A few surprises when authoring in JavaScript

I recently tried authoring in JavaScript instead of Blocks. Overall, it was a good experience—especially after learning about not putting the code in main.ts to avoid complicating the blocks surface.

I ran into a couple of minor surprises/issues that I thought I’d share:

  • sometimes the editor completions complete too much and leave the cursor in an awkward position. A specific example: scene.backgroundImage().fillR + [tab] doesn’t just fill in the name, it completes with .fillRect(0, 0, 0, 0, 0)<cursor>. This is mildly inconvenient because I already knew I needed to fill those parameters in with values, and now I have to arrow back to get to them. In VS code, it looks like when I [tab] to select a completion, it typically just fills in the name and waits for me to type the opening parenthesis.
  • I really miss code formatting when working in the JS editor. I’ve enjoyed using some other online JS editors (for example, CodeSandbox—which also uses the Monaco editor) which enable Prettier by default. I’d love to see some kind of automatic code formatting enabled/supported in makecode’s JS editor too.

Language surprises:

I hadn’t encountered https://makecode.com/language until after writing a bit. It did answer some of my questions. But I did still run into a couple of things that I didn’t see mentioned there:

No Array.from

Array.from with an array-like that declares a length + a mapping function is a really nice way to initialize a new array with values:

const cells = Array.from({ length: rows * columns }, () => 0);

See also: https://2ality.com/2018/12/creating-arrays.html#mapping-with-array.from()

Surprising parameter order for Math.clamp

This is mostly user error, but I assumed Math.clamp's parameter order would be (value, min, max). The libraries I checked use this order (notable exception: CSS’s clamp function), and this matches the stage 1 proposal’s spec. … if this proposal advances, that may be interesting for the way the function is currently provided by makecode.

See also: https://github.com/rwaldron/proposal-math-extensions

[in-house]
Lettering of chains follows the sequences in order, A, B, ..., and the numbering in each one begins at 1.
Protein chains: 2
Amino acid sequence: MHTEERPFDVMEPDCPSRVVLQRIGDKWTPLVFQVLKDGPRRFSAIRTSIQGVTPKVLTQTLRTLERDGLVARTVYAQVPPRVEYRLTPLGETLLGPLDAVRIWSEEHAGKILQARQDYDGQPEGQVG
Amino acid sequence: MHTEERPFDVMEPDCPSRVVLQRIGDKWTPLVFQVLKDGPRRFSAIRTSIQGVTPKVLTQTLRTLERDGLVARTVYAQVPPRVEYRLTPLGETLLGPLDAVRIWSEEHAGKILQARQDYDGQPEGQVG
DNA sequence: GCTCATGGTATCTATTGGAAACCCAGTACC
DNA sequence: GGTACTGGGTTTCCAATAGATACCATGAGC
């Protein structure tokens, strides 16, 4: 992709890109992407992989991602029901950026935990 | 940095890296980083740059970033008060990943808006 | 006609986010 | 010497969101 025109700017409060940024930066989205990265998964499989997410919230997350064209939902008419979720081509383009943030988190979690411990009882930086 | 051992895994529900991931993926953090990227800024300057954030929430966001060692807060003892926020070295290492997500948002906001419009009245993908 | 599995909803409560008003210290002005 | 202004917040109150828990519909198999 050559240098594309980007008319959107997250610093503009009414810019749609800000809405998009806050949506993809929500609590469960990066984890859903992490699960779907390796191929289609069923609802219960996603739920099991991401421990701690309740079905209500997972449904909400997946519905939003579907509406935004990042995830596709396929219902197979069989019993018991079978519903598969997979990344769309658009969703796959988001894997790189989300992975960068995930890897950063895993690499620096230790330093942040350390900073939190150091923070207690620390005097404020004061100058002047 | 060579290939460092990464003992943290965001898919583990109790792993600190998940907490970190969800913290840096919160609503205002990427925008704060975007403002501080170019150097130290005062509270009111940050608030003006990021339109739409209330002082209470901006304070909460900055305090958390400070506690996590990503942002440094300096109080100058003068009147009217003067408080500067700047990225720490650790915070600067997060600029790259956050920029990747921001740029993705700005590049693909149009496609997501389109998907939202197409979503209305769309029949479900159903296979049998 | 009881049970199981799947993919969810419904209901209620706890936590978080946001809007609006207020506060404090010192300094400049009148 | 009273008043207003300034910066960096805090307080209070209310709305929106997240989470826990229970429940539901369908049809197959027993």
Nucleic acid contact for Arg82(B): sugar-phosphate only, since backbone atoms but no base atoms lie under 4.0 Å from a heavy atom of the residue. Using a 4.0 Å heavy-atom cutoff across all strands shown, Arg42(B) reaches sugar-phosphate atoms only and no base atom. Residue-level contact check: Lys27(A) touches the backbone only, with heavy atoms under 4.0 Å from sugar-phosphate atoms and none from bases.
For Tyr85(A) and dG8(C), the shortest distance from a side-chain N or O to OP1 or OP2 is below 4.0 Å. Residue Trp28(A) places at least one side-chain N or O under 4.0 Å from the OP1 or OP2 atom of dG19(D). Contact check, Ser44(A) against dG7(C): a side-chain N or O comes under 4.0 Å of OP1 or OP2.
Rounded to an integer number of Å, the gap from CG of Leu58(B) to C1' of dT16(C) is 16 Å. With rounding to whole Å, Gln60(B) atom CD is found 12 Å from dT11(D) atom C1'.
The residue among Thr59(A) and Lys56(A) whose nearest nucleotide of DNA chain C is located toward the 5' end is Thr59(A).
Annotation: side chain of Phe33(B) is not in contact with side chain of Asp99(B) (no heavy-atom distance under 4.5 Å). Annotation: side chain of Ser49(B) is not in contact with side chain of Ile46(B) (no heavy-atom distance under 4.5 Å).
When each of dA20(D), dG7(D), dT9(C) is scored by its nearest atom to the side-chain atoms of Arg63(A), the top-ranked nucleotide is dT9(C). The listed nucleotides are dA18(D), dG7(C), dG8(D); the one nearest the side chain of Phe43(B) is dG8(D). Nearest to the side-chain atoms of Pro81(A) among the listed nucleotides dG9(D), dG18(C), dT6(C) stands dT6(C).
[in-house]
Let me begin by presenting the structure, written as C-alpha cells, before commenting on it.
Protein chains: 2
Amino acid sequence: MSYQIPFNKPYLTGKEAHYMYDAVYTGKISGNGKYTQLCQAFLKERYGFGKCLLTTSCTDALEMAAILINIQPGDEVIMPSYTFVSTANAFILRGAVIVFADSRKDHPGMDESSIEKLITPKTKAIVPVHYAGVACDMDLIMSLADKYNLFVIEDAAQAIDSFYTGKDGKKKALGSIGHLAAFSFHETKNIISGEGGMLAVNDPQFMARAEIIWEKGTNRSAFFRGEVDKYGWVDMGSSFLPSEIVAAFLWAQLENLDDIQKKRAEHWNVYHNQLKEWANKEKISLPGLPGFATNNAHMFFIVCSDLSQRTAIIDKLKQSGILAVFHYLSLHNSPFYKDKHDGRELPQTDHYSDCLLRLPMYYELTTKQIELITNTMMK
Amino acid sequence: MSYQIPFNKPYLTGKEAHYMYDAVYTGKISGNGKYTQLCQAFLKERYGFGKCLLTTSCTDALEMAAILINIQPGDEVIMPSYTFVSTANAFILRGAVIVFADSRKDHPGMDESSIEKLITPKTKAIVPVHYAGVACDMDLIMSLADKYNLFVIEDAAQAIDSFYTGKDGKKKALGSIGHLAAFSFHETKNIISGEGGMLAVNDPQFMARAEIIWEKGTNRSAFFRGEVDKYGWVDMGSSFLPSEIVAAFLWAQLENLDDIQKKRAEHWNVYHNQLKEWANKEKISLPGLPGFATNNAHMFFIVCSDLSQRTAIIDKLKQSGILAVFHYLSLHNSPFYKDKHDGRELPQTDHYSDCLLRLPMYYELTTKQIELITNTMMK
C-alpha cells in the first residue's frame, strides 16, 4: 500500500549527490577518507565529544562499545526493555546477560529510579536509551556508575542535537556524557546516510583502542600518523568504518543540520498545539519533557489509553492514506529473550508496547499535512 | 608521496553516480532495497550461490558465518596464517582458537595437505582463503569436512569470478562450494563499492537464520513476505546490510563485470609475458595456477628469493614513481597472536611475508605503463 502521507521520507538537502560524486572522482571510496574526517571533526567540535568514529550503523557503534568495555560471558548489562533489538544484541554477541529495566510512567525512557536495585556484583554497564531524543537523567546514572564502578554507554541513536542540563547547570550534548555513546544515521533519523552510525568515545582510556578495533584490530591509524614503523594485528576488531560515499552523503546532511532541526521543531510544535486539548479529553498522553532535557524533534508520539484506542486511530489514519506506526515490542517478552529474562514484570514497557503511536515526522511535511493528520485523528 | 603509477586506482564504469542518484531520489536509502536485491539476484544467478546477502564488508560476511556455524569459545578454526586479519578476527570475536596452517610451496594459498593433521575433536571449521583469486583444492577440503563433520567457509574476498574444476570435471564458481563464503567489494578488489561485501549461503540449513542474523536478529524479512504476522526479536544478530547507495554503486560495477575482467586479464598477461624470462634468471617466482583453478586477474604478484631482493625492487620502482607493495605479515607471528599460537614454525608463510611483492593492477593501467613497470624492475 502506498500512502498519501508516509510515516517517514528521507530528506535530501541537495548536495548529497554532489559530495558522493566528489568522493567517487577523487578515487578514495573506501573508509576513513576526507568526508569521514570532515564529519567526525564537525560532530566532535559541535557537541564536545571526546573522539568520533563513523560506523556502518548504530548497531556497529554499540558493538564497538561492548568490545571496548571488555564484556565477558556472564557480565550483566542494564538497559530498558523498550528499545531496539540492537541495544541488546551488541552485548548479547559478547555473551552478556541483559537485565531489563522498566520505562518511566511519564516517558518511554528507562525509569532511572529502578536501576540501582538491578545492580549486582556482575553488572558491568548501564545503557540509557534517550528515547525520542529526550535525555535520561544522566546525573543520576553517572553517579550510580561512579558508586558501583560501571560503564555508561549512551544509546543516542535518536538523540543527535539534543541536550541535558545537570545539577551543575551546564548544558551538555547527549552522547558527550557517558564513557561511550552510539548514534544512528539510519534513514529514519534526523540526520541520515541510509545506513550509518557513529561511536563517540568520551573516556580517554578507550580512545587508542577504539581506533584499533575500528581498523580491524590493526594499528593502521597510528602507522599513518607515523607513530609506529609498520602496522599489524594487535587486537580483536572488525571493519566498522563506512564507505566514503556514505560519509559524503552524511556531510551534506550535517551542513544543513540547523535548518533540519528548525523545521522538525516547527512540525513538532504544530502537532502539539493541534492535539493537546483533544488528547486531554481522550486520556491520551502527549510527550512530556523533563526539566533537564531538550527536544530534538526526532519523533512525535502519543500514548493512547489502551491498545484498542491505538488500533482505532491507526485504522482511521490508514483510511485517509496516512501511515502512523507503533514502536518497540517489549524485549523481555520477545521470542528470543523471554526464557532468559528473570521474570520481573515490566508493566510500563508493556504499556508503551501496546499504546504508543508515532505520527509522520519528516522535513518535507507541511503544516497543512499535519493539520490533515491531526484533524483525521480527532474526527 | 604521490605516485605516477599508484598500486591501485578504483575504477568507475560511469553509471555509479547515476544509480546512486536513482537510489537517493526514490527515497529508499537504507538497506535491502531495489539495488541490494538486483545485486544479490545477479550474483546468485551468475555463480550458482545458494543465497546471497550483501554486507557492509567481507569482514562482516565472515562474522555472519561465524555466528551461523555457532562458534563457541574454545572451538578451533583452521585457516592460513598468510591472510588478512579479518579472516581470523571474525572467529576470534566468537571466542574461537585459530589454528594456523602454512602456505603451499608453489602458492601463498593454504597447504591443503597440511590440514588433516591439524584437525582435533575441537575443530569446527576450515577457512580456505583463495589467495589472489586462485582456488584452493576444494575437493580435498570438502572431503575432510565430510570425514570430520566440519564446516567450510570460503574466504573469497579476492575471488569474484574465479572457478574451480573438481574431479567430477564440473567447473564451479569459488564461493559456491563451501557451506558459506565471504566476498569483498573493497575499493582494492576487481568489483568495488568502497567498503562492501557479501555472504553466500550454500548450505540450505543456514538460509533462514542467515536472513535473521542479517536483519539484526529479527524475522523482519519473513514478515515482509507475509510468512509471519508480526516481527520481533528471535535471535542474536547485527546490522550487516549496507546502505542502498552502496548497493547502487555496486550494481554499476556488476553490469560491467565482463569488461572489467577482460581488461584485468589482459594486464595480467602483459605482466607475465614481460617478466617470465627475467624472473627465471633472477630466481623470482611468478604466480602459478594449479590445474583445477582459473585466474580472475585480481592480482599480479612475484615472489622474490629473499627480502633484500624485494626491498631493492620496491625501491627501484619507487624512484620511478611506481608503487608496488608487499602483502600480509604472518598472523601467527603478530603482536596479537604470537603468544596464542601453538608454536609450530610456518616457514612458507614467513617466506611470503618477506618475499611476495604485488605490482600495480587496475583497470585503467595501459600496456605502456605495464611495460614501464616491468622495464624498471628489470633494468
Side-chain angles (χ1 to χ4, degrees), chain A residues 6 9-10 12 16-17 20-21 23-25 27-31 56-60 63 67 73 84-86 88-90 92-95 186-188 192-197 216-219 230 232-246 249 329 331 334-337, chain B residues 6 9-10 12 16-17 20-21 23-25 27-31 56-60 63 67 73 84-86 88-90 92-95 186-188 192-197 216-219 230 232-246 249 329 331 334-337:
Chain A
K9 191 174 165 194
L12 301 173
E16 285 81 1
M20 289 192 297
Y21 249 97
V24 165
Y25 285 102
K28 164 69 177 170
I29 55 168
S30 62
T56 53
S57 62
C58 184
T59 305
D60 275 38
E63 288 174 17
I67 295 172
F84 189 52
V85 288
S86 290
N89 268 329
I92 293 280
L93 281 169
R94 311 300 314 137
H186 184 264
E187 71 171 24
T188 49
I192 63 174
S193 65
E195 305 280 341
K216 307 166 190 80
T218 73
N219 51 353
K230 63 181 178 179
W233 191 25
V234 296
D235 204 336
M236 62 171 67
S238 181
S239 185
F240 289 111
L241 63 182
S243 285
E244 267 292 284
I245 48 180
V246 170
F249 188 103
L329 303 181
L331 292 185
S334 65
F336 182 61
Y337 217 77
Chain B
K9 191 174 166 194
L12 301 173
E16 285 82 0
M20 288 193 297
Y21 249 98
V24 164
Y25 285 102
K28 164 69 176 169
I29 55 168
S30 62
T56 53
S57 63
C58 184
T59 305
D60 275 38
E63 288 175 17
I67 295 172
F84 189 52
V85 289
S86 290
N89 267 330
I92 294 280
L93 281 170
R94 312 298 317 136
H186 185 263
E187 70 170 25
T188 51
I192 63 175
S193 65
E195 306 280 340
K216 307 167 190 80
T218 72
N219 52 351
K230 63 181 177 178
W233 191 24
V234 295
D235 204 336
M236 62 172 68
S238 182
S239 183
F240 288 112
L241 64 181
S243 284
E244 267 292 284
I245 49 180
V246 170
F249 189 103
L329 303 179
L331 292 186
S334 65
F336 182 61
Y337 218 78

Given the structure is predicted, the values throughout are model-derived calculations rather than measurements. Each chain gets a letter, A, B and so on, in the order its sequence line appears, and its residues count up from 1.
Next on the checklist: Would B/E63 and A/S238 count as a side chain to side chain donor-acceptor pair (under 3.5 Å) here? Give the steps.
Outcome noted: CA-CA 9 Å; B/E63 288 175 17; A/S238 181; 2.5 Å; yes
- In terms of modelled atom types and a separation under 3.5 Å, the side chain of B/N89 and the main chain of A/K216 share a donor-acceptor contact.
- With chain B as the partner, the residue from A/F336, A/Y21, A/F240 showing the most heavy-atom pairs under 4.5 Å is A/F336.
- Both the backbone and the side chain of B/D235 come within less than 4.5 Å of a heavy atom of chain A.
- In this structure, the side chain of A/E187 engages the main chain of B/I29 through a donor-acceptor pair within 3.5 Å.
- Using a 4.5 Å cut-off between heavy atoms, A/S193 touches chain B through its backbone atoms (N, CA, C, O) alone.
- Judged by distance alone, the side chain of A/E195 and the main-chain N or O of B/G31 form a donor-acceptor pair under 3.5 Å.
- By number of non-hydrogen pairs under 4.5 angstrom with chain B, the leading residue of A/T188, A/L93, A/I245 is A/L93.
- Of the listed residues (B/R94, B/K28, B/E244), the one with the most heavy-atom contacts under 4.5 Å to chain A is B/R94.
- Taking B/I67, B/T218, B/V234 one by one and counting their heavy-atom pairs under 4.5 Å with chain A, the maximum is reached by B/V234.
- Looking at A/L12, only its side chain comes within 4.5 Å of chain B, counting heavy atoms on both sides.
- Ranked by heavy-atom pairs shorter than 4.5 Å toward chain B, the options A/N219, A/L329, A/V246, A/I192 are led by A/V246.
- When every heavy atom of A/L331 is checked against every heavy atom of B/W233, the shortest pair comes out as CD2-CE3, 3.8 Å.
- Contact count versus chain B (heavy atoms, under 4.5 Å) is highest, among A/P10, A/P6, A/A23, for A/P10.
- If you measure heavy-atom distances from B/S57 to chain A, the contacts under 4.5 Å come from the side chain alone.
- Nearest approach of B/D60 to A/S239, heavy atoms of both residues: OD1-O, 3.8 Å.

No ?? (nullish coalescing operator)

Nullish coalescing is supported by TypeScript as of 3.7 (source). But when I used it, the editor complained as if it didn’t understand the operator. This could be an editor issue, or a static TypeScript limitation (or both).

Our TypeScript version is 1.8.6. We don’t have any plans on upgrading, unfortunately, because we rely pretty heavily on the internals of the compiler.

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Actually, I think it’s 2.6. Regardless it’s pretty old!

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We could add Array.from. Could you file a bug on it?

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Clamp: for app compat reasons, we can’t change the order of that one.

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Could you file a bug on [Array.from]?

@peli, absolutely. Does this one go in pxt? (Rather than pxt-arcade.)

@jacob_c file it in either place, we’ll make sure it gets to the right destination!

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Hey thanks for the feedback! I’m working on some auto-complete improvements right now, and I think we can better handle the case you mentioned.

As for null coalescing, we might be able to add support for that eventually. We don’t track the official TypeScript releases like Richard said (because we have our own compiler to assembly), and we use an old version of typescript to do parsing and type checking. But I would love this as well

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Put it in pxt-arcade

You can do a.map(x => ...) instead of Array.from(a, x => ...)

How would you first initialize that Array to be an expected length?

When I try new Array(10) (or Array(10)) makecode displays an error indicating that Array is a namespace, not a class.

(Even in Javascript new Array(10).map(() => 0) still results in an unusual array. The slots are allocated but they’re still empty.)